The next step is to cut the leaves off each plant with the use of sharp scissors and also clip the roots with the use of sharp limb clipper.  Then remove the dead or dried leaves.

Wash the individual plants thoroughly using rubber gloves or disposable gloves to protect hands from cuts as the edge of the leaves and stalks of the plants are sharp.  Spread the cleaned plants on a dry towel.  See photo below.A2DC321E-BA6F-431F-95CA-ED46D8C0796C.jpeg

Once the plants are free of excess water from washing,  put them in a big plastic bag and place inside the fridge.  See photos below.


The photo on the left shows young plants which I will use as seedling for next year.  The photo on the right shows mature plants which I will use for cooking and give away to friends.

Lemon Grass

Since I planted Lemon Grass on my back patio, I have not noticed any gnats or mosquitoes hovering over me when I’m outside.    Maybe it’s too early to tell.  I would know more about it when the temperature drops down to a cooler one at the onset of Fall.  I’m really very pleased at how my Lemon Grasses grow so well in containers.  These are started from three single plants last winter, which I bought from an Asian grocery store.  I chose ones that have visible intact bud at the base of the plant and stuck them in a flower base half filled with water.  I kept them under flourescent light in my bathroom winter through spring.  They developed roots and leaves all through these two seasons in my bathroom and even produce pups or young plants around them.

When the weather was consistently warm this year, around May or Jun, I transplanted them to flower pots.  As you can see from the photo above that they almost fill up the pots that they are planted in.  It is very sensitive to cold weather so it has to be placed inside a garage or unused room inside my house.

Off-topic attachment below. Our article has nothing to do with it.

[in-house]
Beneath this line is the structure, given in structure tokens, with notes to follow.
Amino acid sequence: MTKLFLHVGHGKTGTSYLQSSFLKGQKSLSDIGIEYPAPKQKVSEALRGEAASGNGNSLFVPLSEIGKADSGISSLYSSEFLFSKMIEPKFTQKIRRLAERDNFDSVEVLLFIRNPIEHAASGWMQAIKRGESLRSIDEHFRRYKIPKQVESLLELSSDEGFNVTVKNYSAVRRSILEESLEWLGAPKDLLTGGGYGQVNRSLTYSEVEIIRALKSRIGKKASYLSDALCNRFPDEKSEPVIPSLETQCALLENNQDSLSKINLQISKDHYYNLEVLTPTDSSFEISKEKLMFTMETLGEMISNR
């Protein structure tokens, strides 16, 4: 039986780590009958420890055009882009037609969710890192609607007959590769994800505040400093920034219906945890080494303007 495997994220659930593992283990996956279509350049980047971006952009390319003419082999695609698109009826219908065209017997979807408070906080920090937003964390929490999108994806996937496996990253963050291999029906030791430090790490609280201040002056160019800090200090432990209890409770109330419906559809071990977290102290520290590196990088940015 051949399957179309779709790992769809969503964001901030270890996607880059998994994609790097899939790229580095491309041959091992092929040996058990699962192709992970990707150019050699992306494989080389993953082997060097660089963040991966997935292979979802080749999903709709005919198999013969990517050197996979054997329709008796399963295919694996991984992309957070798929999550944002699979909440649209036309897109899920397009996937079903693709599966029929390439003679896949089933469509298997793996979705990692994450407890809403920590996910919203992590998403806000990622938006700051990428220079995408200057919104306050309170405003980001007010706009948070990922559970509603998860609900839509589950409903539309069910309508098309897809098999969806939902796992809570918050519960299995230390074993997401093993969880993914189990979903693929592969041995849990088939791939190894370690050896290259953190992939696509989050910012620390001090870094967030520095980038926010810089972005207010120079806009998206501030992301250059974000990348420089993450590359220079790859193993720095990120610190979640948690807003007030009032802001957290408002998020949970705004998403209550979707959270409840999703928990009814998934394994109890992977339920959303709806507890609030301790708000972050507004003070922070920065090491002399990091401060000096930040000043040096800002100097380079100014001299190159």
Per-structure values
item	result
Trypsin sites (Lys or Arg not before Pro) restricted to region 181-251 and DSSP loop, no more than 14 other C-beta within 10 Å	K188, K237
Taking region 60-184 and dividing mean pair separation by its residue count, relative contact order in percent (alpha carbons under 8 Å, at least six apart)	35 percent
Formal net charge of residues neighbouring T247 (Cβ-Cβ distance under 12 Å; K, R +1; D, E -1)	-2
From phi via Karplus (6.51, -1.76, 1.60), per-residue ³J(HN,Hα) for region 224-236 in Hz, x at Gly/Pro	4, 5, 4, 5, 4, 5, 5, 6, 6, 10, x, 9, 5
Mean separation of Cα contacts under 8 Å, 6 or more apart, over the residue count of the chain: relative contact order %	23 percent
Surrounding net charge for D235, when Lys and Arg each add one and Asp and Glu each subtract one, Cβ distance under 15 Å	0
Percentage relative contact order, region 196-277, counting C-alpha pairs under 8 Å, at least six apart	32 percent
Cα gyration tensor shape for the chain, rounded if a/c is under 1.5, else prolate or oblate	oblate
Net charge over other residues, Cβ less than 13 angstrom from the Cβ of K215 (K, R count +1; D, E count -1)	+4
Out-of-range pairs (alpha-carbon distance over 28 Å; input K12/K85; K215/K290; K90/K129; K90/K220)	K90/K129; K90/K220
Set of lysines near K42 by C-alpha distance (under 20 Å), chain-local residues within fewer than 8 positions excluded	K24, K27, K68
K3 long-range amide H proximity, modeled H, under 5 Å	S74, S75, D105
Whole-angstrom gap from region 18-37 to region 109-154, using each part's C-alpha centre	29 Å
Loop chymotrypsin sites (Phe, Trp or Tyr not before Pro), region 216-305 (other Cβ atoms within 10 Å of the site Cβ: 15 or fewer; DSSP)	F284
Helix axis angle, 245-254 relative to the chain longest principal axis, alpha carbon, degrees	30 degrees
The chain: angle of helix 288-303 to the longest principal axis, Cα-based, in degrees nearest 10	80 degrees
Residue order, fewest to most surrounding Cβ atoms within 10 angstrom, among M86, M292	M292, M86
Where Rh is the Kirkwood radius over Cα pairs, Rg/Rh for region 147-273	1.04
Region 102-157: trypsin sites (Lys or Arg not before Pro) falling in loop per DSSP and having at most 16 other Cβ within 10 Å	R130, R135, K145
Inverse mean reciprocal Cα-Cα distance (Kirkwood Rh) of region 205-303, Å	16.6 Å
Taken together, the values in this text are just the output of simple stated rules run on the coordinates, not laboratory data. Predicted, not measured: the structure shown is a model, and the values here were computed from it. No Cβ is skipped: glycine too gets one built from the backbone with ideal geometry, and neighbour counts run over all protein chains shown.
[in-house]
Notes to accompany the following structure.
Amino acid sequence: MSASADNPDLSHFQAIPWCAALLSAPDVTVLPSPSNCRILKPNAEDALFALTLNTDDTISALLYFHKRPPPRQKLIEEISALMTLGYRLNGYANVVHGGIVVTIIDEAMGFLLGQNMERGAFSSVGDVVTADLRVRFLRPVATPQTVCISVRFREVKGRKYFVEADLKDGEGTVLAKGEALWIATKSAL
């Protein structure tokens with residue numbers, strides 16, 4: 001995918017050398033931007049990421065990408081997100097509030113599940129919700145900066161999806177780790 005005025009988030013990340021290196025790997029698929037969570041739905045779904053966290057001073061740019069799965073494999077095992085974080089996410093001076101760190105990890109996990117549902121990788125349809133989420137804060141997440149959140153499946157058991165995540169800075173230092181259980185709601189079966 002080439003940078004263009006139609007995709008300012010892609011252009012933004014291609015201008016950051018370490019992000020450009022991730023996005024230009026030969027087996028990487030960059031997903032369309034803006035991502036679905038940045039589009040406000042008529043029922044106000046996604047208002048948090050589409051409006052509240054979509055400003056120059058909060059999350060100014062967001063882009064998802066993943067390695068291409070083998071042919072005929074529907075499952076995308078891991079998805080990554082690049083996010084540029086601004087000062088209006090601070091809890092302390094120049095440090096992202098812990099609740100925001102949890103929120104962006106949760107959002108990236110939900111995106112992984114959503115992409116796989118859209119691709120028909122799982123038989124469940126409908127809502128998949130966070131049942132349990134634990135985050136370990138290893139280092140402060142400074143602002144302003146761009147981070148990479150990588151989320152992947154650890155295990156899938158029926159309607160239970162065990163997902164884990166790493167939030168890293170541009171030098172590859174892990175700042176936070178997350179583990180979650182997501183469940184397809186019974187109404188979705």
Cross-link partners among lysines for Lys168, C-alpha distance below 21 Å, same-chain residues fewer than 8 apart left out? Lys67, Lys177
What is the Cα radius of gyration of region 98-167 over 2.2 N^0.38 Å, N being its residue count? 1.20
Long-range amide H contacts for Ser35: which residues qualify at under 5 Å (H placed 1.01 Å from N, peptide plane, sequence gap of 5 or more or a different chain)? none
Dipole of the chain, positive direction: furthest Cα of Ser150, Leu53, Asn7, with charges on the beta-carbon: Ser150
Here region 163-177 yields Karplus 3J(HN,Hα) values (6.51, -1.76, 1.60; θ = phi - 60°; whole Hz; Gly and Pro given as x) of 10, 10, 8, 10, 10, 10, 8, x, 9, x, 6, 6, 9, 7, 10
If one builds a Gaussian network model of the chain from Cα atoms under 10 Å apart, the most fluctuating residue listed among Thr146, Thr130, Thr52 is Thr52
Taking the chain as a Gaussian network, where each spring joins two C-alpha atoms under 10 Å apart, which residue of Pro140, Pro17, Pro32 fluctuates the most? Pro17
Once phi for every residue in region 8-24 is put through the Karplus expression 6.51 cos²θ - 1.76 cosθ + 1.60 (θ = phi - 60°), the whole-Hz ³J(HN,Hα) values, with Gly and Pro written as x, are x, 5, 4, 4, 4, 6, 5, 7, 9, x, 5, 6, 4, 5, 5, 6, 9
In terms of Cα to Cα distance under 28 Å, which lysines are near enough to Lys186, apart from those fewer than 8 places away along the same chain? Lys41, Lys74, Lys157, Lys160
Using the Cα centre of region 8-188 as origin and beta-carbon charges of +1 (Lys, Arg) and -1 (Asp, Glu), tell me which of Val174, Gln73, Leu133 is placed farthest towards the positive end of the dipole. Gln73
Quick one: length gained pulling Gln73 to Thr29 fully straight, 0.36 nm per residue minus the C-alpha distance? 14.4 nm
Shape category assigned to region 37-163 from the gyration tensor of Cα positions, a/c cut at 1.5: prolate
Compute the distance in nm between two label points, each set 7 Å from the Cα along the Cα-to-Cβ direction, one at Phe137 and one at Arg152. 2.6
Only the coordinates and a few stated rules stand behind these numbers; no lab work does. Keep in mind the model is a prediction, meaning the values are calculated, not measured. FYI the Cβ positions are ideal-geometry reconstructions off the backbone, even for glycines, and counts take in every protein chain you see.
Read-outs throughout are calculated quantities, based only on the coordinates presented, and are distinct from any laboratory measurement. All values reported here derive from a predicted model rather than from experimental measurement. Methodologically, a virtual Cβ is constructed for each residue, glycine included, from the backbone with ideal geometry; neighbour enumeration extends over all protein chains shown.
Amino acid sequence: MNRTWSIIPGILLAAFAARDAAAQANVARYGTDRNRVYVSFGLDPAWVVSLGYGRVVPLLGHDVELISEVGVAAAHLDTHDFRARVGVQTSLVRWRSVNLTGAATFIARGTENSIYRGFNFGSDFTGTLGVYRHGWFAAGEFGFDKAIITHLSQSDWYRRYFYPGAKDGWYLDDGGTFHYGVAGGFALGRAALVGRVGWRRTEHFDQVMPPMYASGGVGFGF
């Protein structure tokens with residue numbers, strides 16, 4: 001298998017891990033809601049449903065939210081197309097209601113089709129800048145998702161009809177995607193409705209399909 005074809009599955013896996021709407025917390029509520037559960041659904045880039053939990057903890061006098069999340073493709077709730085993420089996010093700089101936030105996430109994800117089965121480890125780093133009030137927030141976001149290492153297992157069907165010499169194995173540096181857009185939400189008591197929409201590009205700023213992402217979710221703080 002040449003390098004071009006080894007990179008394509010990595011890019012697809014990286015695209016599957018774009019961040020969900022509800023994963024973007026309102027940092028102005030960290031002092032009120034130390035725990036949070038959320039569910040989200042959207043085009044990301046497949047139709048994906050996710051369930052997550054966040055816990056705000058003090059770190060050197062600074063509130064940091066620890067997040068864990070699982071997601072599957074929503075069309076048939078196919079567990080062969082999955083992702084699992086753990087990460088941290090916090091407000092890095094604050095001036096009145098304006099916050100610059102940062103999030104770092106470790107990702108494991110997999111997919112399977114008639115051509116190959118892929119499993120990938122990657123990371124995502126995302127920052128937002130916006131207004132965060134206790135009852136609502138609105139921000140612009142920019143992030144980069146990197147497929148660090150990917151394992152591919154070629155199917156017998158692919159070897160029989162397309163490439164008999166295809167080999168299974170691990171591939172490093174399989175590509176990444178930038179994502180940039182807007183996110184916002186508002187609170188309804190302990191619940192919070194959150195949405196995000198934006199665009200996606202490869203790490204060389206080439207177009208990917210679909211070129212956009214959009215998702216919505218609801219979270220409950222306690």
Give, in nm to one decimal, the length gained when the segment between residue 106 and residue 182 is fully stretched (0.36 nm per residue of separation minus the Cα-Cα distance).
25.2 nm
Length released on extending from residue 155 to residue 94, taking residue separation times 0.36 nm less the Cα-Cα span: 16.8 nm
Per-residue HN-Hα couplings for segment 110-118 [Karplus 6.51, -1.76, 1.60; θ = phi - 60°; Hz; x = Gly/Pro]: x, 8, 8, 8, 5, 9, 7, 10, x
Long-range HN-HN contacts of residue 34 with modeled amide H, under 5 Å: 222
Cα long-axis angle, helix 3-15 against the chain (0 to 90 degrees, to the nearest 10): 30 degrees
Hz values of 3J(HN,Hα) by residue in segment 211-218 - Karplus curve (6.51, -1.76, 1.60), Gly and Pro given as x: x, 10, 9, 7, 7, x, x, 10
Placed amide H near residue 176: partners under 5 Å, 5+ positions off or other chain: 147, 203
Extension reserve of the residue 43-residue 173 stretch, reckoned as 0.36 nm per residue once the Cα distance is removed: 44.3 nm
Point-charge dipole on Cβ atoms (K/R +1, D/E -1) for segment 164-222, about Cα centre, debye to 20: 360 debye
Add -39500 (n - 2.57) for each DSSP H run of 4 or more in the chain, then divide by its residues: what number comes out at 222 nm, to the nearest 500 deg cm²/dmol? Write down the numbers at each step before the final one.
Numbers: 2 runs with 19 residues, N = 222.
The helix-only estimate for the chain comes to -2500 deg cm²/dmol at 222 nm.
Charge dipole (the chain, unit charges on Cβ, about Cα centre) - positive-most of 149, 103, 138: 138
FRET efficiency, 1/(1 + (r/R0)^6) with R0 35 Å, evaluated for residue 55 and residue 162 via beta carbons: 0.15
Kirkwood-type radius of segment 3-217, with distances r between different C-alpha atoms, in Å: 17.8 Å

How To Make A Short Blouse Longer

I have this blouse that I like so well, but  I wish that it is longer, so I decided to add a lace trimming at the hem.  See photo below.


I found a lace fabric at Walmart and decided to use the scallop selvedge as the new hem.


Like this.  See photo below.


Step 1:  Measure  the width of the hem.  Divide this measurement in half this should give the the length (yardage) of fabric.  Note:  There will be lots of extra fabric since only portion from selvedge is to be used.  Remember that the fabric comes folded.  If the blouse is stretchy, add 3 to 4 inches to the yardage to allow for the stretch.

Step 2:  The lace fabric being folded,  match the scallop at each eadge together evenly using a straight pin to hold the fabric together, placing the pins all through the selvedge.